Thoughts from Denise:  "We are all mostly packed and off to bed for an 8 am departure from our hotel to the airport. Our faith has been strengthen and our pockets and purses have been emptied. We have met some of the most amazing young people and have had sheiks give us unbelievable complements. We have gone down narrow alleys filled with rubbish and the smells to go with it and climbed 5-6th floor apts and roof tops carrying #50 food bags, bags of shoes, shirts and toys along with own heavy backpacks. Us girls have hugged, kissed and played with the children as we try and talk with the women. Sending smiles that are shyly returned, praying that we have provided 30 minutes of peace from their past and present situations. I could go on and on, but too much to say. The team has been blessed and we thank our Home Team supporters, you, for helping us make it happen. I hope and pray that some day in eternity you will meet many that you have helped bring into the kingdom! Humbly,           ><> Denise Hinson <><"    

We are so grateful for the grateful for the opportunity to share some of  these experiences that you have helped to make possible.  The team has now landed safely in Los Angeles, happy to be home even while we're sad to have our time in Jordan come to a close.   You can pray with us that there will be wonderful ripple effects resulting from our time there.

Updated Monday, August 4
E-mail from Scott
As we visited the makeshift Syrian camp south of the capital, we had the joy of visiting families in their tents, giving toys to the kids, playing games in a large circle with the kids.  

The guys had a pick up game of soccer with the men, challenging them that if they could beat us, they could keep the soccer ball we brought.   The Americans went down to a miserable defeat of 5-1, and the ball stayed in the camp.  

We saw many with severe medical needs and water was scarce.  But we made some great friends.  The kids in this camp had missed 3 years of school during the war, and had no school there.  Our "man of peace" - host in the camp was a former first grade schoolteacher whose dream is to have a tent with 40 chairs where he could begin schooling the children from his tribe.  This might be one possible follow-up project here!

We then spent the day in home visits in the north, where there seemed to be great needs as much of the governmental aid from outside was not getting to the refugee families.  We were joyfully and gratefully received in most all of these homes.  We also saw evidence of great fruitfulness in the work being done here among them, many who had found lasting hope and eager to share it with their neighbors.  We can hardly wait to tell you about it when we get home.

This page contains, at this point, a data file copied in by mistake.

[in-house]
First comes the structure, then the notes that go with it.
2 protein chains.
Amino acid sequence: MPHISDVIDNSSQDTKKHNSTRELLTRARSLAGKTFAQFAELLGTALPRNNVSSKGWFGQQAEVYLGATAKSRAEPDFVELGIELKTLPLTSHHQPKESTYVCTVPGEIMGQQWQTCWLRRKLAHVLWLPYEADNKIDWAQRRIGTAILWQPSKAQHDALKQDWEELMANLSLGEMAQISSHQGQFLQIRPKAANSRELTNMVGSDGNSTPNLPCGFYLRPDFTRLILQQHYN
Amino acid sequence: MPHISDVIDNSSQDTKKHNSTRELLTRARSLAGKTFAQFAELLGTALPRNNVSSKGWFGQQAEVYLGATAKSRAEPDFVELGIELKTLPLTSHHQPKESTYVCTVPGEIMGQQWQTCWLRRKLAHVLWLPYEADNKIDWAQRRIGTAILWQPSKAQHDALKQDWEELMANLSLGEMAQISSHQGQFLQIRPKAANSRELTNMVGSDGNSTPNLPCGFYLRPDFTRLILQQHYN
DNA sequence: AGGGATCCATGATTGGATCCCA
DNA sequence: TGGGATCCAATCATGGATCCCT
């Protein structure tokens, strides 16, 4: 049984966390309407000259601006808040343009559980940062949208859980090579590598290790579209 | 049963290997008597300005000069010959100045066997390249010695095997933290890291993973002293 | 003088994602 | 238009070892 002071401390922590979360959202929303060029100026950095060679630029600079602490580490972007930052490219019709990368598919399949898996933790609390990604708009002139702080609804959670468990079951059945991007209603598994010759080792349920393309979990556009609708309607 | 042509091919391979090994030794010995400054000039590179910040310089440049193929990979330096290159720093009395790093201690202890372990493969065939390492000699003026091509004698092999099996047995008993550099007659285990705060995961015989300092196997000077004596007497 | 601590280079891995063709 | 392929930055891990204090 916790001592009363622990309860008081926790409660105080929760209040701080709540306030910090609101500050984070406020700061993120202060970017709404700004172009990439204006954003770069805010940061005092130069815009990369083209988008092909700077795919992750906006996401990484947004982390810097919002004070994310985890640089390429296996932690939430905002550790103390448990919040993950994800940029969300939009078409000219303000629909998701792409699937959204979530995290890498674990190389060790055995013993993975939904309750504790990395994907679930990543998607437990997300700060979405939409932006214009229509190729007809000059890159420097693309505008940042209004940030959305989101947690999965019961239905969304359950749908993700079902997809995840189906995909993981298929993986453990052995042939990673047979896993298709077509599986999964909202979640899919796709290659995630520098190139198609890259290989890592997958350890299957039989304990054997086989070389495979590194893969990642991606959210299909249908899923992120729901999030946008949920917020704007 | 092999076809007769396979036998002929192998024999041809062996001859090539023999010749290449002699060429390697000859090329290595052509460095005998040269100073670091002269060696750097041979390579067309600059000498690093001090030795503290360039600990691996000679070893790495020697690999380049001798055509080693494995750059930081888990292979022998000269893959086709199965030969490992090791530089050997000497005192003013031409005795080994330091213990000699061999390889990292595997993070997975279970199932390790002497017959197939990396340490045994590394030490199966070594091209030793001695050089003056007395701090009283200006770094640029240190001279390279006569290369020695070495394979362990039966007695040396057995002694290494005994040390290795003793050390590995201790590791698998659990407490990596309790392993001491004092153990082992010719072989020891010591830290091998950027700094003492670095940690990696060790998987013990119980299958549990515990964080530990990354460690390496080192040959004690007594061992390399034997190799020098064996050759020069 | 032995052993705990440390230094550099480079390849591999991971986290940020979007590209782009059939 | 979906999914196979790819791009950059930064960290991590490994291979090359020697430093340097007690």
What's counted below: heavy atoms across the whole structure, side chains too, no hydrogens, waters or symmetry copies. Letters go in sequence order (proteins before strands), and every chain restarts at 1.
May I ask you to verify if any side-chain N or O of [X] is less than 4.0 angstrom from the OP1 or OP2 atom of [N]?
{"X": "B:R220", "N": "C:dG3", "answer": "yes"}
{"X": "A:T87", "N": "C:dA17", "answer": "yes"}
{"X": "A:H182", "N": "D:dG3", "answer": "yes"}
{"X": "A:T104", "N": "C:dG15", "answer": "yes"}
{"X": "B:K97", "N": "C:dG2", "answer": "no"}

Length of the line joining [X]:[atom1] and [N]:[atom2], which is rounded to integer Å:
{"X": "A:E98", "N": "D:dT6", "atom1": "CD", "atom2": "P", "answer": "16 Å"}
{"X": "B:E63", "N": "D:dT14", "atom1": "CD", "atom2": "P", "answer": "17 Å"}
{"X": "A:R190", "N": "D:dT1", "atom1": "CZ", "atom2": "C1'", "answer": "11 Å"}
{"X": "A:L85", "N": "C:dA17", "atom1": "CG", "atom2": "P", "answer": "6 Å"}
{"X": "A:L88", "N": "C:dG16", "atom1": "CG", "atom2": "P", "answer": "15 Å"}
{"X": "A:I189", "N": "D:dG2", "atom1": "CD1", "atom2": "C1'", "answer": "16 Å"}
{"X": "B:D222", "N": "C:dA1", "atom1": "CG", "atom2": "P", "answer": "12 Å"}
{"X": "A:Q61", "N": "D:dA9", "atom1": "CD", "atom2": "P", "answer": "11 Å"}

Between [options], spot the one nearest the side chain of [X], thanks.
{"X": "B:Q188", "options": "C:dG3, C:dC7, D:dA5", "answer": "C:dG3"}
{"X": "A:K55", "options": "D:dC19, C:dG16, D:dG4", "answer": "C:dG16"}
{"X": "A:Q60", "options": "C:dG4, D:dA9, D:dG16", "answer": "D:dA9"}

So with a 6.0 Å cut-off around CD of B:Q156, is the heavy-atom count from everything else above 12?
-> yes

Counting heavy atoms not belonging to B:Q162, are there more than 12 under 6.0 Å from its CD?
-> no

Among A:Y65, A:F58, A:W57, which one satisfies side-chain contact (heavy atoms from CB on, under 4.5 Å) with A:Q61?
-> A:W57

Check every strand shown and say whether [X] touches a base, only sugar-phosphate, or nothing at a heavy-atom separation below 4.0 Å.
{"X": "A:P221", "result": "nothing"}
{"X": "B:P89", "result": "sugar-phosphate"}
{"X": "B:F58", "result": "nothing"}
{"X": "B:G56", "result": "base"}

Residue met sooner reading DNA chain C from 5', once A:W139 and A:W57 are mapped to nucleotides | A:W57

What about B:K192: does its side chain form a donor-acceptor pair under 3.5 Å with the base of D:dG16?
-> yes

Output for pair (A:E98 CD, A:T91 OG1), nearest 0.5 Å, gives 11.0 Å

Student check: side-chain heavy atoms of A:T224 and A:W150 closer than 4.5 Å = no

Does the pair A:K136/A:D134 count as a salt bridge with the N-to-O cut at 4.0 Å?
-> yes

Finally, in the late afternoon we had a wonderful treat of revisiting a small village which our team in 2009, 2010 and 2011 had helped engage. We saw so much fruit from the ongoing engagement, seeing the light in the eyes of several, seeing desperation having turned to hope, and a few goats turned into a herd that is an ongoing business to support a family.  We were welcomed with hugs, tears while sharing how their lives had improved.  

Thank you for continuing to remember us....we are feeling the wave of support!

Updated Monday, August 4
E-mail from Monique

We continue to walk in joy and favor everywhere we go.  The days get quite warm in the afternoon (low 90s) but it cools off nicely in the evenings.  First thing Saturday morning 3 of us, including me, came down with a stomach flu, with fatigue and chills that kept us in bed all day, except for runs to the restroom.  By the afternoon 3 more felt the virus and were down for the evening.  I'm glad to report that by Sunday morning, most were up and on the mend, and by Sunday night all of us were up and around for the evening activities.  We and our hosts cannot remember a time when so many on one team had health issues like this.  It was a nasty bug, but we've had amazingly quick recovery times.  We know you are praying for us!  

While I was down for the day on Saturday, the rest headed north to bring food bags and toys and shoes to Syrian and Palestinian families. One of the visits was especially joyful for Lori, Nathan, Scott and Vicki as they were reunited with Meliha whom they visited in 2009, shortly after the death of her eldest daughter who was just about to graduate from college.   With the hopes of an income from a working daughter dashed, Meliha said "God hates me" when she met our first team.  Raising 9 children alone (father lives with his second wife), her resources were slim.  Over the years, with the consistent care and assistance from GHNI, Meliha and her children received shoes, food bags, and a milking goat, as well as tuition loans for her next eldest daughter who has now completed nursing school.  Their home has been transformed from despair to joy, which was evident in their faces at this reunion!   Scott will write more of the highlights from that day and I will forward it to you when it is completed.  

Sunday began with worship and encouragement from our holy book with our Middle Eastern brethren.  It is always enriching to hear voices sing praise in Arabic and with distinctly Middle Eastern melodies.

After a meal at Chili's (yes, they have Chili's here!) we headed out to visit more Syrian refugee families, or as Jamal likes to say, Syrian guests who have come here for refuge.  One mother is here with two of her children, the older ones are married and most are still in Syria.  Her 19-year-old son and 13-year-old daughter traveled here with her, and the young man had been held for three hours at a checkpoint on their journey and he was beaten.  She pleaded and pleaded for them to return her son.  A half brother who was also taken was not returned, but this mother's son was released to her.  It took him one month to recover from the beating.  They have only been here for a number of months, and survival is a struggle.  They are hoping the daughter might be able to go to school in the fall.  She is eager to study.  As in every home, they did not refuse our offer to pray for them so we asked father to bring provide for them and to bring peace to their home, a peace that the world cannot take away, no matter what their circumstances may be.